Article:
In “Traditional Recipes of Laos,” these ingredients find their way into dishes still eaten in Luang Prabang today, such as ua no mai and ua sikhai, shoots of bamboo or stalks of lemongrass stuffed with seasoned minced pork before being battered and deep-fried; or jaew bong, a chili-based dip that includes strips of dried buffalo skin. Ping kha fahn, a complicated recipe for grilling the haunch of a barking deer, is a nod to the royal palace’s proximity to the jungle, while nua ngua khua som, a stir-fry of beef that includes butter and canned tomatoes, shows a clear French influence.

I discovered “Traditional Recipes of Laos” a few years after my first visit, yet for me, the book was more than just a list of recipes. It was a snapshot of a fascinating culinary world, one that effortlessly intertwined mountainous jungle and royal palace, smoky grills and sauté pans, the eggs of paa buek (the world’s largest freshwater fish) and tins of crab meat. Even the way Phia Sing described ingredients (“a piece of beef the size of a hand,” “minced pork, the quantity the size of a duck’s egg”) conveyed a culinary sensibility that was evocative and beautiful.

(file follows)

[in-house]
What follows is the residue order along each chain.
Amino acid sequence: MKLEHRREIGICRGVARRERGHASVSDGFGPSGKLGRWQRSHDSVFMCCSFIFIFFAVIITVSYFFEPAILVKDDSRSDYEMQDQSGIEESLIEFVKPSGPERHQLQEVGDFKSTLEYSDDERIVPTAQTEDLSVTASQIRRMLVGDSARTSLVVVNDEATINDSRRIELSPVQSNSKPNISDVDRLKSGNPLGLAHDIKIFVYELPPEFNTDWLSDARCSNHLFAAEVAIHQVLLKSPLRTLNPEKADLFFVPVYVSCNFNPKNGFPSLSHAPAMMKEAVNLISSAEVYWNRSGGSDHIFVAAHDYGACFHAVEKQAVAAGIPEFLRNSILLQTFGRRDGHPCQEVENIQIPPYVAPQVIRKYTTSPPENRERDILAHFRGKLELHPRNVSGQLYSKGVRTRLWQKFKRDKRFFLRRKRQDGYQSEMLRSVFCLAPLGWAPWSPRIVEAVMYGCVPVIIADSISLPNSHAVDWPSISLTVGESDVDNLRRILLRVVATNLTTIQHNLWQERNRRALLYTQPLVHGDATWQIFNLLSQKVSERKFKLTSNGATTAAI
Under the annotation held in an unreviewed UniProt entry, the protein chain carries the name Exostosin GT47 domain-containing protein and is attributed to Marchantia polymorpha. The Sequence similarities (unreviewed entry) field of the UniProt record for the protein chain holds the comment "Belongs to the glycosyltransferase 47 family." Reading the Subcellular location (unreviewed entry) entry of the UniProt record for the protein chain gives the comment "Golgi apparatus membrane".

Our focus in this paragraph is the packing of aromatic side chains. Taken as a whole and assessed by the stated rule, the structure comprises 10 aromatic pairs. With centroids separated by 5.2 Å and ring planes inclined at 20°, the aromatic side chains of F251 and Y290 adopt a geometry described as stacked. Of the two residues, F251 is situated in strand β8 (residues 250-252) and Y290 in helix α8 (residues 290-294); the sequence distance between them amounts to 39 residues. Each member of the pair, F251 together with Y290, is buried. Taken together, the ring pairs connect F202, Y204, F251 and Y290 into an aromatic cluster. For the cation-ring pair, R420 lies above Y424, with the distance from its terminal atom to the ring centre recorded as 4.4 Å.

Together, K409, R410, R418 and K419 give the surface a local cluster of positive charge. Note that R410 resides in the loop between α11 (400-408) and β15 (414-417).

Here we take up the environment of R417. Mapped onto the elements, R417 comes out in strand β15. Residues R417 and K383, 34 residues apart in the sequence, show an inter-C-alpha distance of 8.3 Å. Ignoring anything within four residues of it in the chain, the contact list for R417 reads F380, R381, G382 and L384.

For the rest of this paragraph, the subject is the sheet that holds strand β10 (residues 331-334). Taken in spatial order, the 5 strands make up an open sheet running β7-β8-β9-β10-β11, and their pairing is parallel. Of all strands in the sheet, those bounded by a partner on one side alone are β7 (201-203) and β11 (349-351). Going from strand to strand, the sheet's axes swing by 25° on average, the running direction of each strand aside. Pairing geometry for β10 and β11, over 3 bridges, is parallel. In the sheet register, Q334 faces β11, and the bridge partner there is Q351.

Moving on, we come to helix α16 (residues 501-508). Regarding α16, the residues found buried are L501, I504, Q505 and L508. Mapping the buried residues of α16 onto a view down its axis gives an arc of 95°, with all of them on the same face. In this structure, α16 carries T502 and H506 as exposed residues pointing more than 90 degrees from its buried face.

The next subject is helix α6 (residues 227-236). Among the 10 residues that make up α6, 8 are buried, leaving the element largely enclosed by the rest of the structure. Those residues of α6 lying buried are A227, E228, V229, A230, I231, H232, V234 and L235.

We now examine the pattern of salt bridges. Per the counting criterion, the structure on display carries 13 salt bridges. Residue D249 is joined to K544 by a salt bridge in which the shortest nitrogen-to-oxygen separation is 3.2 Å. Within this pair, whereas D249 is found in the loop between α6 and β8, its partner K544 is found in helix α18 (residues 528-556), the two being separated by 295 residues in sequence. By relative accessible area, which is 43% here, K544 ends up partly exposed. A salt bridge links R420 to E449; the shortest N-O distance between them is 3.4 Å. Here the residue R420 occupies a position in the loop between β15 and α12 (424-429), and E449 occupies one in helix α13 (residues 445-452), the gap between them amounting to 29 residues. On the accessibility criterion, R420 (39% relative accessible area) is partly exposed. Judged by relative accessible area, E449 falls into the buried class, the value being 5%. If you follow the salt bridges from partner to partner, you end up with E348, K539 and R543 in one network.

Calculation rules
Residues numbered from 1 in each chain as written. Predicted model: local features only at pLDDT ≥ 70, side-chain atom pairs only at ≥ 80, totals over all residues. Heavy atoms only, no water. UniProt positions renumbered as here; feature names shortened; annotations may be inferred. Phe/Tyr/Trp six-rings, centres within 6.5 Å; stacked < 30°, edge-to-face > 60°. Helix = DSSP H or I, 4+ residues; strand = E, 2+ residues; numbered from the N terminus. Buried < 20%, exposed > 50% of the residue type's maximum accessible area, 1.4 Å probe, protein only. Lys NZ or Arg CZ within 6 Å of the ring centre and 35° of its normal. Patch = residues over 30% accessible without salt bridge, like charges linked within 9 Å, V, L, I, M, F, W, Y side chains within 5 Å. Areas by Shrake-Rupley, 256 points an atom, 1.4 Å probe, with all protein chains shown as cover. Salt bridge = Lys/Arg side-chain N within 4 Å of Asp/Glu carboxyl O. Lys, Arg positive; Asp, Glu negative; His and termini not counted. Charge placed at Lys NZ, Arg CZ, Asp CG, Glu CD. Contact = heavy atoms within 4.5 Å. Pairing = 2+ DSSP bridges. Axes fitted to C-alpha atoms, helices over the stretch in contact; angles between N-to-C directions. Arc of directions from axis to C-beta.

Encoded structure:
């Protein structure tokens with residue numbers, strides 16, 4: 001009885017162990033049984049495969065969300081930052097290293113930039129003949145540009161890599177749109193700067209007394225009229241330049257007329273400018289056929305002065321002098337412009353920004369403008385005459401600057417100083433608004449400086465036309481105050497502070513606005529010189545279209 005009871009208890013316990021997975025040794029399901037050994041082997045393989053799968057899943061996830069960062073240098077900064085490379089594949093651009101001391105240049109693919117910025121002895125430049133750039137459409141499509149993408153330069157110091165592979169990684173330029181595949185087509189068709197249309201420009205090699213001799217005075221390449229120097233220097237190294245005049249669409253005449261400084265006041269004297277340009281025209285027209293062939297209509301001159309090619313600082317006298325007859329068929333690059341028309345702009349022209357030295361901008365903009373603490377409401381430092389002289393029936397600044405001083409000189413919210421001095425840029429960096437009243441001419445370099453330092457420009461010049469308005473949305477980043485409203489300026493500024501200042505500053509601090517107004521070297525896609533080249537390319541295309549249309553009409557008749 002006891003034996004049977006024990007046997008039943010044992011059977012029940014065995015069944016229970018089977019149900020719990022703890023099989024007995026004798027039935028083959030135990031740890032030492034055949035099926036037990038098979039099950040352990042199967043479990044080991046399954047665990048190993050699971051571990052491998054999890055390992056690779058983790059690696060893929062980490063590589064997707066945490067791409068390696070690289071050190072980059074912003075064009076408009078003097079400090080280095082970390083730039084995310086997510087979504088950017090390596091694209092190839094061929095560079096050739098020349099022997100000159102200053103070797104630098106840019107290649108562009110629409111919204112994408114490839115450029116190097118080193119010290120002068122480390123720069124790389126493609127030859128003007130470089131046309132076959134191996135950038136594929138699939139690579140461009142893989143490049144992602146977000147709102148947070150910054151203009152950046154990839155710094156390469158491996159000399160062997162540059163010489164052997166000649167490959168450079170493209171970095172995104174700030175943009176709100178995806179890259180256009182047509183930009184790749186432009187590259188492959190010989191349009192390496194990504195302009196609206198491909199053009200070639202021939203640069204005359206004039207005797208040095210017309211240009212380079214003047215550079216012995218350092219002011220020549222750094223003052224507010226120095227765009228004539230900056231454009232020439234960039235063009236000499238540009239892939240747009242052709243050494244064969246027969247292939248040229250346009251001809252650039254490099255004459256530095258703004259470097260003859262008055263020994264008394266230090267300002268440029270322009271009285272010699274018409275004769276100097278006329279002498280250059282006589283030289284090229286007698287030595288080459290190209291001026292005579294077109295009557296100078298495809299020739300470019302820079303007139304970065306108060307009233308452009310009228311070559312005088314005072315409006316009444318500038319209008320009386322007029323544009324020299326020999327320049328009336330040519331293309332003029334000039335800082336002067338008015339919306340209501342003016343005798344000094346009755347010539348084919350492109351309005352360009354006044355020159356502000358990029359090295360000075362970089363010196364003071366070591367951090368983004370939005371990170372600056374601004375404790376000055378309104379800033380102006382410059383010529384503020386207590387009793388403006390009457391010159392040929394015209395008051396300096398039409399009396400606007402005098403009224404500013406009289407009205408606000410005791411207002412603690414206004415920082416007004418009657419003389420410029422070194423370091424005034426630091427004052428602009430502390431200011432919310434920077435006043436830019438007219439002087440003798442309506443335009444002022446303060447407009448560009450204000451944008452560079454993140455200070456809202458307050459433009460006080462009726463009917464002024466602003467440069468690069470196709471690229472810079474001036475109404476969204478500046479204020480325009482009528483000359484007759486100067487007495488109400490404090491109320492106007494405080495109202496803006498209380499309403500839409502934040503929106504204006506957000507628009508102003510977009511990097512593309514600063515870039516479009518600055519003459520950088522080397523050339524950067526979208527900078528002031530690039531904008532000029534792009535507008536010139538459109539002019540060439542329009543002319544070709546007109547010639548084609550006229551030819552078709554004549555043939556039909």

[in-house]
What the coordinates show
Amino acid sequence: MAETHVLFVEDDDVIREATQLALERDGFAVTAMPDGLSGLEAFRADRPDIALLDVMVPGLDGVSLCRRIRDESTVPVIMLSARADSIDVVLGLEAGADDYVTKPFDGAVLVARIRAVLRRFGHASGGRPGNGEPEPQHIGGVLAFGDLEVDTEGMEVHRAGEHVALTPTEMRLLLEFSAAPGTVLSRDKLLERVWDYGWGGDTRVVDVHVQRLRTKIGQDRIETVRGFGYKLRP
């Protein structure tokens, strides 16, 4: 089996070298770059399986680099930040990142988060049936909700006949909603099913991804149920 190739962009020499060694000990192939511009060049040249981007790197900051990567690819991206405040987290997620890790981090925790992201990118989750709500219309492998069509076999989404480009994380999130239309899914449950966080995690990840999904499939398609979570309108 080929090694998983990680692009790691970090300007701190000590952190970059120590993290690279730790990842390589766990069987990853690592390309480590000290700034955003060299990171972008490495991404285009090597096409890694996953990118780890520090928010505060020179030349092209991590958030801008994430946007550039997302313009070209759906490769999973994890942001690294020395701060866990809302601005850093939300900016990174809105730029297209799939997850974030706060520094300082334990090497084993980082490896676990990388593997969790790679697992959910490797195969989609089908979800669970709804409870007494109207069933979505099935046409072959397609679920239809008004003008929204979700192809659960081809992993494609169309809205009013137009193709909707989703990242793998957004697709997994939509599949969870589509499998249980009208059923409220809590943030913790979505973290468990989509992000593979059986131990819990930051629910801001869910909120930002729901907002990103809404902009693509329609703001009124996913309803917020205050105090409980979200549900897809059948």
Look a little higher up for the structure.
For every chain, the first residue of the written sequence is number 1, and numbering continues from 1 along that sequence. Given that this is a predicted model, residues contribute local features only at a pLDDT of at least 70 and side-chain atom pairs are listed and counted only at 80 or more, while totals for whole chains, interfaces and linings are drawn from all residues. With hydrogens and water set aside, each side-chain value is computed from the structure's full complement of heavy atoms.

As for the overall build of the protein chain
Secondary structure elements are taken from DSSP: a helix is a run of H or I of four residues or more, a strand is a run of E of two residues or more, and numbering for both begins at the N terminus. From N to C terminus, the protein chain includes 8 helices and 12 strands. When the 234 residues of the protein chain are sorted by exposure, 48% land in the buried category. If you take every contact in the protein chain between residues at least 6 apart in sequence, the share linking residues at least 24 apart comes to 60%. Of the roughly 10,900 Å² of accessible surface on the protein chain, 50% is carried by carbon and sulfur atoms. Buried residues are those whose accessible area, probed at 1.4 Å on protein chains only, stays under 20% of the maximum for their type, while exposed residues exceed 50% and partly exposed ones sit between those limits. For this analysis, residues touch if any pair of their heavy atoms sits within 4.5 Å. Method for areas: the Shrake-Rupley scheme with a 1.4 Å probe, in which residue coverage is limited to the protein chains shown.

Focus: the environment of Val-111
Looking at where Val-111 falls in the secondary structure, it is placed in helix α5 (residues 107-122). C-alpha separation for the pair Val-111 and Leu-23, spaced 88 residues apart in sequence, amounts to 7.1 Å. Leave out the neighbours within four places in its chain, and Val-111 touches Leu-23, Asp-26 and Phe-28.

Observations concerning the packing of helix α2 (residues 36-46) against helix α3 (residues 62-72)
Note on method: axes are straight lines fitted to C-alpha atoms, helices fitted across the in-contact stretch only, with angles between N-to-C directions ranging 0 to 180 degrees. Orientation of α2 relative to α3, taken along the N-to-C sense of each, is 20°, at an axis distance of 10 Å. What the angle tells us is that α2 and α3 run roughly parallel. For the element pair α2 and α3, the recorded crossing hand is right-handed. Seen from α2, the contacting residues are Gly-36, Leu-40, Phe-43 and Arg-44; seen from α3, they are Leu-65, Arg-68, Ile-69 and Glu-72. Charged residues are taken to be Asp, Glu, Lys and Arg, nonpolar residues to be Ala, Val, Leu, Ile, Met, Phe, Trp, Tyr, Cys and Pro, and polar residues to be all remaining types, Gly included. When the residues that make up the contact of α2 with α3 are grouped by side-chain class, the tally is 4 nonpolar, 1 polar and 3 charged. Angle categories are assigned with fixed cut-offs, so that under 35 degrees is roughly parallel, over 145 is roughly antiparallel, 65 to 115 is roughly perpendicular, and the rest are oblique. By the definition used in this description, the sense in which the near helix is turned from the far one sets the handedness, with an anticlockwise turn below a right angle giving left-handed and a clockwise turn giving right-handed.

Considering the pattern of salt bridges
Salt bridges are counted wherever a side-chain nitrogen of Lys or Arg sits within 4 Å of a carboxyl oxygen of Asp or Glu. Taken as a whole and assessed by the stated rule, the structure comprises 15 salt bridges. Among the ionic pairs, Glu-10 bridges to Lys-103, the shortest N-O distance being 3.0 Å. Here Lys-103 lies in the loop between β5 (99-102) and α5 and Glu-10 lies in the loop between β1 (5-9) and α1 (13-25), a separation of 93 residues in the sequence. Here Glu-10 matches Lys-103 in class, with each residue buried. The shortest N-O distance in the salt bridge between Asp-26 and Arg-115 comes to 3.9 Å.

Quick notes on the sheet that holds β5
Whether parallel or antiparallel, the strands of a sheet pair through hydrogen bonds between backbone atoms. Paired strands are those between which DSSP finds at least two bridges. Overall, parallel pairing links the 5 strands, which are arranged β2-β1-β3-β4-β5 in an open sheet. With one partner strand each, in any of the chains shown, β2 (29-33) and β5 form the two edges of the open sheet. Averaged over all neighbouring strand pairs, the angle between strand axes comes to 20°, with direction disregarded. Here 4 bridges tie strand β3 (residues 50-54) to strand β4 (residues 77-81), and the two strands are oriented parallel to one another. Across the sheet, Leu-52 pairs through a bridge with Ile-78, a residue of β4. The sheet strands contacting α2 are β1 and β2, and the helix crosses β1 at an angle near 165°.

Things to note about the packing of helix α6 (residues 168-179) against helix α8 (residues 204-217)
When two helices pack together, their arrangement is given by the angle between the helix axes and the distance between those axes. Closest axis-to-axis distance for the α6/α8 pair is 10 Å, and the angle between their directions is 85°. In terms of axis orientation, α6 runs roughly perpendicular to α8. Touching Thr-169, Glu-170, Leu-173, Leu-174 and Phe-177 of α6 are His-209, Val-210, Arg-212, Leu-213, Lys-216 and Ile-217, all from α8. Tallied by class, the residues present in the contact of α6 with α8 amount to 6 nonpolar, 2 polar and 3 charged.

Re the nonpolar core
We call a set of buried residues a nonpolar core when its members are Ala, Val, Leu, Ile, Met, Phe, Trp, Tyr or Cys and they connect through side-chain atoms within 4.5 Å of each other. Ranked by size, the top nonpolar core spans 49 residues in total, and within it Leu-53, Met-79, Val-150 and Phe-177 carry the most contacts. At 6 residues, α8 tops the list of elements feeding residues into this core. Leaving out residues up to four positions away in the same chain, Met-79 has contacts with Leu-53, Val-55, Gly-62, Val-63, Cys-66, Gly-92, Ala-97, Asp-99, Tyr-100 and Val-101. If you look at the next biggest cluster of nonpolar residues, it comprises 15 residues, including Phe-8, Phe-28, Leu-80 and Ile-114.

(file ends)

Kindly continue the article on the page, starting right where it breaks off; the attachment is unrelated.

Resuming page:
I wanted a link to this world, and so I went back to Luang Prabang to seek out one of the few remaining people to have been directly involved in it: Chanthanom Chaleunsinh, the daughter of Phia Sing. (more online:

A note from the late Alan Davidson about the book printed in Mekong Express